A 78-year-old Chinese man presented with lower limb swelling. He had a background of hypertension, diabetes mellitus, dyslipidaemia, chronic kidney disease and atrial flutter. He was on atenolol 25 mg for his hypertension and atrial flutter. The patient was admitted for worsening renal function and fluid overload, and was found to be bradycardic. The admission electrocardiogram (ECG) is shown in Fig. 1a. A temporary pacing wire (TPW) was subsequently inserted and the post-TPW insertion ECG is shown in Fig. 1b. What do the ECGs in Figs. 1a and b show?

Fig. 1

Case 1: 12-lead ECG (a) on admission and (b) after insertion of temporary pacing wire.


Fig. 1a shows atrial flutter with a regular R-R interval. There is a narrow-complex escape rhythm with a ventricular rate of only 36 beats per minute. The flutter waves are best appreciated as a sawtooth pattern of p waves in leads II, III, aVF and V1. Fig. 1b shows a paced rhythm after insertion of the TPW. There is a pacing spike followed by a wide-complex QRS with a left bundle branch block (LBBB)-like morphology.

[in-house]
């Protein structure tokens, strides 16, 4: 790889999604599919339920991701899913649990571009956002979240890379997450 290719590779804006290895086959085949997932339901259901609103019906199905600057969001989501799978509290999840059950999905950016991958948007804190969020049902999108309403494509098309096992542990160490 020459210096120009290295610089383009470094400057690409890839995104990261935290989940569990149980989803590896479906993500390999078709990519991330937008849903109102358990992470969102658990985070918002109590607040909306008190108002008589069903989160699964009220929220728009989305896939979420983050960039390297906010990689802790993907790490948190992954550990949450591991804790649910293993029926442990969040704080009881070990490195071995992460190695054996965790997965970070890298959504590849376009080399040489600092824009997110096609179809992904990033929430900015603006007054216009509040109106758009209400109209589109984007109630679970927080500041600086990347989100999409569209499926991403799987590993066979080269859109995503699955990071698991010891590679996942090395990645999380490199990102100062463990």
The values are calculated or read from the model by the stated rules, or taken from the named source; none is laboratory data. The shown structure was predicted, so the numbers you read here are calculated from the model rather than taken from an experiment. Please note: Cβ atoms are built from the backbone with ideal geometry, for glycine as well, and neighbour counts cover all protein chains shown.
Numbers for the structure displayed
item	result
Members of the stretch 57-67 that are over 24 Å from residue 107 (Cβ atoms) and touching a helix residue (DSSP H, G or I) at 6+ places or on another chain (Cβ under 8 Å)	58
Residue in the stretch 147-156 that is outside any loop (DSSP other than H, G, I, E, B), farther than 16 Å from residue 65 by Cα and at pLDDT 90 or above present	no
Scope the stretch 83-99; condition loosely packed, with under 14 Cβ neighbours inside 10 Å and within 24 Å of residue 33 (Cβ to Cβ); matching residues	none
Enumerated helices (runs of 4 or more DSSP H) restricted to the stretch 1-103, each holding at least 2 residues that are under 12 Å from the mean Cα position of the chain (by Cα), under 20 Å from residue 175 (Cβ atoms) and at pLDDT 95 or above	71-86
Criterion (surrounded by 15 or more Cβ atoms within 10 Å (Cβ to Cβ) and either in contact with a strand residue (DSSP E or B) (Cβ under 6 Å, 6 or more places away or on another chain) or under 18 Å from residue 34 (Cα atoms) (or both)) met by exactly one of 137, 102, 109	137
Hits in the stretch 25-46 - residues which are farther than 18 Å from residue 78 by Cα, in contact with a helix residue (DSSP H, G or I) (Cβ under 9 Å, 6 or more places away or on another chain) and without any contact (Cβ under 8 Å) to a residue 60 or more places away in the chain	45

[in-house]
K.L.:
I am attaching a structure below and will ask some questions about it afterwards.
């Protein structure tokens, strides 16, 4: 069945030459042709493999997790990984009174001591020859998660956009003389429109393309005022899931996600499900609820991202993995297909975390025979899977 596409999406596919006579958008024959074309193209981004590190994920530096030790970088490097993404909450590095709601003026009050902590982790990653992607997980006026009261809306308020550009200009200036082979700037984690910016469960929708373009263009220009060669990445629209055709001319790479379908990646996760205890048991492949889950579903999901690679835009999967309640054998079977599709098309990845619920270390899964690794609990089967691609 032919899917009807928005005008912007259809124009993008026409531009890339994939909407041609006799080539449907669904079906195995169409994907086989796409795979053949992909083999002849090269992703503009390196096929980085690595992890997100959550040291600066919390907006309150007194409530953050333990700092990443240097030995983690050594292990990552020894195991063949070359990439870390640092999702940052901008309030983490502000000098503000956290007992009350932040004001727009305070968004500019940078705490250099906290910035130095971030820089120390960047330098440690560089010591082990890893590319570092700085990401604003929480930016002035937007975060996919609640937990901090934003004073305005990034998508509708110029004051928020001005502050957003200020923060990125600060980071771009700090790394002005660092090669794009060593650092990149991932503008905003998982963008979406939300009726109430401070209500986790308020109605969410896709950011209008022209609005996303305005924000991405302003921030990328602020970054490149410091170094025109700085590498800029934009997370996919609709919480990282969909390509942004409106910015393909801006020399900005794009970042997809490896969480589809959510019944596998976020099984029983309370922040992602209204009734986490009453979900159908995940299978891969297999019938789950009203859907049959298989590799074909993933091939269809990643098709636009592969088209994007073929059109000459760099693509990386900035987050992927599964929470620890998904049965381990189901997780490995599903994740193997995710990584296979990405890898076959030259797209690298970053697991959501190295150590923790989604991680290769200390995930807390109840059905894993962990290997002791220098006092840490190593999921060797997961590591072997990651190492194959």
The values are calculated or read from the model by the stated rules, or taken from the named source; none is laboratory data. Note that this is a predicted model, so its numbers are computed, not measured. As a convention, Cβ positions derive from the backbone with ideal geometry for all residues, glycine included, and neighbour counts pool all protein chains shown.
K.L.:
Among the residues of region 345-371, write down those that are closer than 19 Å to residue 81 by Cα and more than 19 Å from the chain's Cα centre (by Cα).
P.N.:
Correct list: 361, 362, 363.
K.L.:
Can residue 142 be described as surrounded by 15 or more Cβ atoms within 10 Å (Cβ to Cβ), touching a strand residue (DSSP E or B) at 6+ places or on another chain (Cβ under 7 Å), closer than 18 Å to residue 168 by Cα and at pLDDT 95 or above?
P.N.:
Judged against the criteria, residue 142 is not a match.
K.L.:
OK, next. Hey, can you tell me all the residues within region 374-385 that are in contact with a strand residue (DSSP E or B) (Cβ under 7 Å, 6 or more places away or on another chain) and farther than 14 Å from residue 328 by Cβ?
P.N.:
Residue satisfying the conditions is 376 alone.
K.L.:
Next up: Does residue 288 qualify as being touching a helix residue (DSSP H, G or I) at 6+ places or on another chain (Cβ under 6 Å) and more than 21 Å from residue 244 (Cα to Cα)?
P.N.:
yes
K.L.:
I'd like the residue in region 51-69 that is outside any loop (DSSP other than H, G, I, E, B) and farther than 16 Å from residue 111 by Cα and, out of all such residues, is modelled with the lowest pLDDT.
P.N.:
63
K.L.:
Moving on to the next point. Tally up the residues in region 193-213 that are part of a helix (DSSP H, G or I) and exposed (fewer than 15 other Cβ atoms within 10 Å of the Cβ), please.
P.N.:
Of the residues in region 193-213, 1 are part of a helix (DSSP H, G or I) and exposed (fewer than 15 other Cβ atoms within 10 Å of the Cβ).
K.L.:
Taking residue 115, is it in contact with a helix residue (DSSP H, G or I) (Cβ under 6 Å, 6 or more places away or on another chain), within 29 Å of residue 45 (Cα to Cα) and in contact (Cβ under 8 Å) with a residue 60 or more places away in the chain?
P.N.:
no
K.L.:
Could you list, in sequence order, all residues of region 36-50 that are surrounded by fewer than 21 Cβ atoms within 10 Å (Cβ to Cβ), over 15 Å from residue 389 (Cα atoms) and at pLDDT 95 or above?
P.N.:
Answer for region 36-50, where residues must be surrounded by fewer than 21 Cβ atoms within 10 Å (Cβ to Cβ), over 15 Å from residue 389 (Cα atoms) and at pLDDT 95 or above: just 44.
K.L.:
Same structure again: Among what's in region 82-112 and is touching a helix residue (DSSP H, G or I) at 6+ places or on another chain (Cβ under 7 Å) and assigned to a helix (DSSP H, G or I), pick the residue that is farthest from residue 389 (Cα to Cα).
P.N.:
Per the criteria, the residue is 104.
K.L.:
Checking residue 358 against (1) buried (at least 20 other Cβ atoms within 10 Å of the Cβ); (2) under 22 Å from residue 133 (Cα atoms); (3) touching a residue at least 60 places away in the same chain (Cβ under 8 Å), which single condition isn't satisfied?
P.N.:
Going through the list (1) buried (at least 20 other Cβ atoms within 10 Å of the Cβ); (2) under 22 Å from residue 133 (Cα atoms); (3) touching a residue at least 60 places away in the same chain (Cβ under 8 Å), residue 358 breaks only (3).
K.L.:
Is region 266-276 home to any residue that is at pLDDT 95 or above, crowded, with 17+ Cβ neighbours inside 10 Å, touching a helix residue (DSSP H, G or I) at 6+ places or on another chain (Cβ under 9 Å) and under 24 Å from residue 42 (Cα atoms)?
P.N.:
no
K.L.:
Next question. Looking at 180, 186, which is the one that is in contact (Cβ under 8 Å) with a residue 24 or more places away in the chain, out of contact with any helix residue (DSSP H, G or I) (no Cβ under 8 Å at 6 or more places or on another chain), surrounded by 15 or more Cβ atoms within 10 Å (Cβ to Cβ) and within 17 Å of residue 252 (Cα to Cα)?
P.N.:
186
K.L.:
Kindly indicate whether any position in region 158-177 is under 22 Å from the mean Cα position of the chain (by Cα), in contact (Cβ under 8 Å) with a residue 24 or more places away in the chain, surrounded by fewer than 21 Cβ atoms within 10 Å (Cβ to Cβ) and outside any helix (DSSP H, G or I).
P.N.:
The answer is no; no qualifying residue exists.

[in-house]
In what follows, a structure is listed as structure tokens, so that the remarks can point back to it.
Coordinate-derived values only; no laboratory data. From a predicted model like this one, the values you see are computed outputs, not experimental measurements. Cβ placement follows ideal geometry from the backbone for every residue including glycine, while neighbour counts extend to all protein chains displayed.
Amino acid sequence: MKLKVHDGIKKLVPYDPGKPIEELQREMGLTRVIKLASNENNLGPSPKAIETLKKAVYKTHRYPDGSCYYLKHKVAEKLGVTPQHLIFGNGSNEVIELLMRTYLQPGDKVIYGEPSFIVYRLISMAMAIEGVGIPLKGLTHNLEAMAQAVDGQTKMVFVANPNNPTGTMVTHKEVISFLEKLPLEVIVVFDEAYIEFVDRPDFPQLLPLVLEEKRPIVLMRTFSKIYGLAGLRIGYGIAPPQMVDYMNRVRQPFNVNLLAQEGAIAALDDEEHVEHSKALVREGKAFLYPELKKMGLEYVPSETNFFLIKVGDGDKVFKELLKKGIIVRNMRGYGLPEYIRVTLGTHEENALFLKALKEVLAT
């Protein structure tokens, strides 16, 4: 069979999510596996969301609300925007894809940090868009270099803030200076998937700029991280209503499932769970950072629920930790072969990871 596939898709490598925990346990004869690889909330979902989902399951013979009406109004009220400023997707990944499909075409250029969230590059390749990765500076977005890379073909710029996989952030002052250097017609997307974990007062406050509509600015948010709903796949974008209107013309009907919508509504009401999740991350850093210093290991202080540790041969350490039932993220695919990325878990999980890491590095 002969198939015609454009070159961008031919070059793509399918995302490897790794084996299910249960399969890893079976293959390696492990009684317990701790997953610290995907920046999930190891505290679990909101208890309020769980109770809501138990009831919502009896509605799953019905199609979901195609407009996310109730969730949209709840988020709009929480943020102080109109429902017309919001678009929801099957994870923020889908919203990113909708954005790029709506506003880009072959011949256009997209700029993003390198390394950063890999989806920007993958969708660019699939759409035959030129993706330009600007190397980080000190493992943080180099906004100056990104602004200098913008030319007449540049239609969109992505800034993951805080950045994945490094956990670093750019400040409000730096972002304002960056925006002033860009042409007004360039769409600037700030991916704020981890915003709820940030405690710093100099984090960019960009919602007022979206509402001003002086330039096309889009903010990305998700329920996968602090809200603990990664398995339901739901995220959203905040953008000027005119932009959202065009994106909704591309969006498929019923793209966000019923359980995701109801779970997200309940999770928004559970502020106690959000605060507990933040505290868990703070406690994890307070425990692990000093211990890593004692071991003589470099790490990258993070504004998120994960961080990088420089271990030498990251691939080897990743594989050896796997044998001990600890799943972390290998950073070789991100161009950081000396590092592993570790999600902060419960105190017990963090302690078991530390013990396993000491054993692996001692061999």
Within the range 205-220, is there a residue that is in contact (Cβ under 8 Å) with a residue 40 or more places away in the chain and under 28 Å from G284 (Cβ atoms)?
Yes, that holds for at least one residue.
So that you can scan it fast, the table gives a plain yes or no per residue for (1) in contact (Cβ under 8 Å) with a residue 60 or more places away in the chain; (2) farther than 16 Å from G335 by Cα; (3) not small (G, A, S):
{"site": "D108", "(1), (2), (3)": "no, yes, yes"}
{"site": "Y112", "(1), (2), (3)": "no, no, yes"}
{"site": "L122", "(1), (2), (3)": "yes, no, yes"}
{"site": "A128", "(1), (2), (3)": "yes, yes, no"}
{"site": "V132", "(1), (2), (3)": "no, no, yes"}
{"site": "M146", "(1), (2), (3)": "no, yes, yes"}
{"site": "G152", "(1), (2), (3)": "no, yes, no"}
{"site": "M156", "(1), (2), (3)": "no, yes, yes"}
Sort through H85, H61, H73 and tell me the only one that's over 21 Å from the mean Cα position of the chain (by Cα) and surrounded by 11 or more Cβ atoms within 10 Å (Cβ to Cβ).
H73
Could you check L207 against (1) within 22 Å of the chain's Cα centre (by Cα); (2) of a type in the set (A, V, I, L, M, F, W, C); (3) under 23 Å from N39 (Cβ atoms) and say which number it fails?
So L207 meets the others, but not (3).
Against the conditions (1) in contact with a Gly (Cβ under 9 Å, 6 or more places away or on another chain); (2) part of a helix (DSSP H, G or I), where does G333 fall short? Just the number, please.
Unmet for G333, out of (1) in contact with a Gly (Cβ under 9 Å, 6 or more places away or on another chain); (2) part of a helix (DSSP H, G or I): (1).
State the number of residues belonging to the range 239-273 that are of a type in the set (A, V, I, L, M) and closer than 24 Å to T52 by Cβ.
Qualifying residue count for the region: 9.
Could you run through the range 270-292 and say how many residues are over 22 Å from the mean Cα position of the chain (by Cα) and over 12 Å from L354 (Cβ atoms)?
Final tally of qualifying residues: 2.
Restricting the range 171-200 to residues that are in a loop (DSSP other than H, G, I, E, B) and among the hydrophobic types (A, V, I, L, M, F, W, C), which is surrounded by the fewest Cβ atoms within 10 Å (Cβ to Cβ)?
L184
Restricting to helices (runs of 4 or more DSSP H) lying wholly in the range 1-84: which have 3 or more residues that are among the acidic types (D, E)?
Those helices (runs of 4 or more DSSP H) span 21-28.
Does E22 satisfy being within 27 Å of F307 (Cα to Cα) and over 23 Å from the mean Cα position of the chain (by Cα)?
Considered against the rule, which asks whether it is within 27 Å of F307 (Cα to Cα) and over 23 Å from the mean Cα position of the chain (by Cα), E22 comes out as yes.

After TPW insertion, the patient was closely monitored for resolution of bradycardia while waiting for the atenolol to wash out. He underwent diuresis and received non-invasive ventilation for his fluid overload. The patient was no longer dependent on the TPW by Day 3 of admission and was transferred to the general ward for further management. He was subsequently discharged uneventfully and did not require permanent pacemaker insertion.


A 68-year-old Indian woman presented with giddiness and was admitted to rule out a posterior circulation stroke. Her significant past medical history included diabetes mellitus, hypertension, hyperlipidaemia and end-stage renal disease for which she was on regular haemodialysis. An ECG was done (Fig. 2). A TPW was inserted emergently, and ECGs done after insertion are shown in Figs. 3a–c.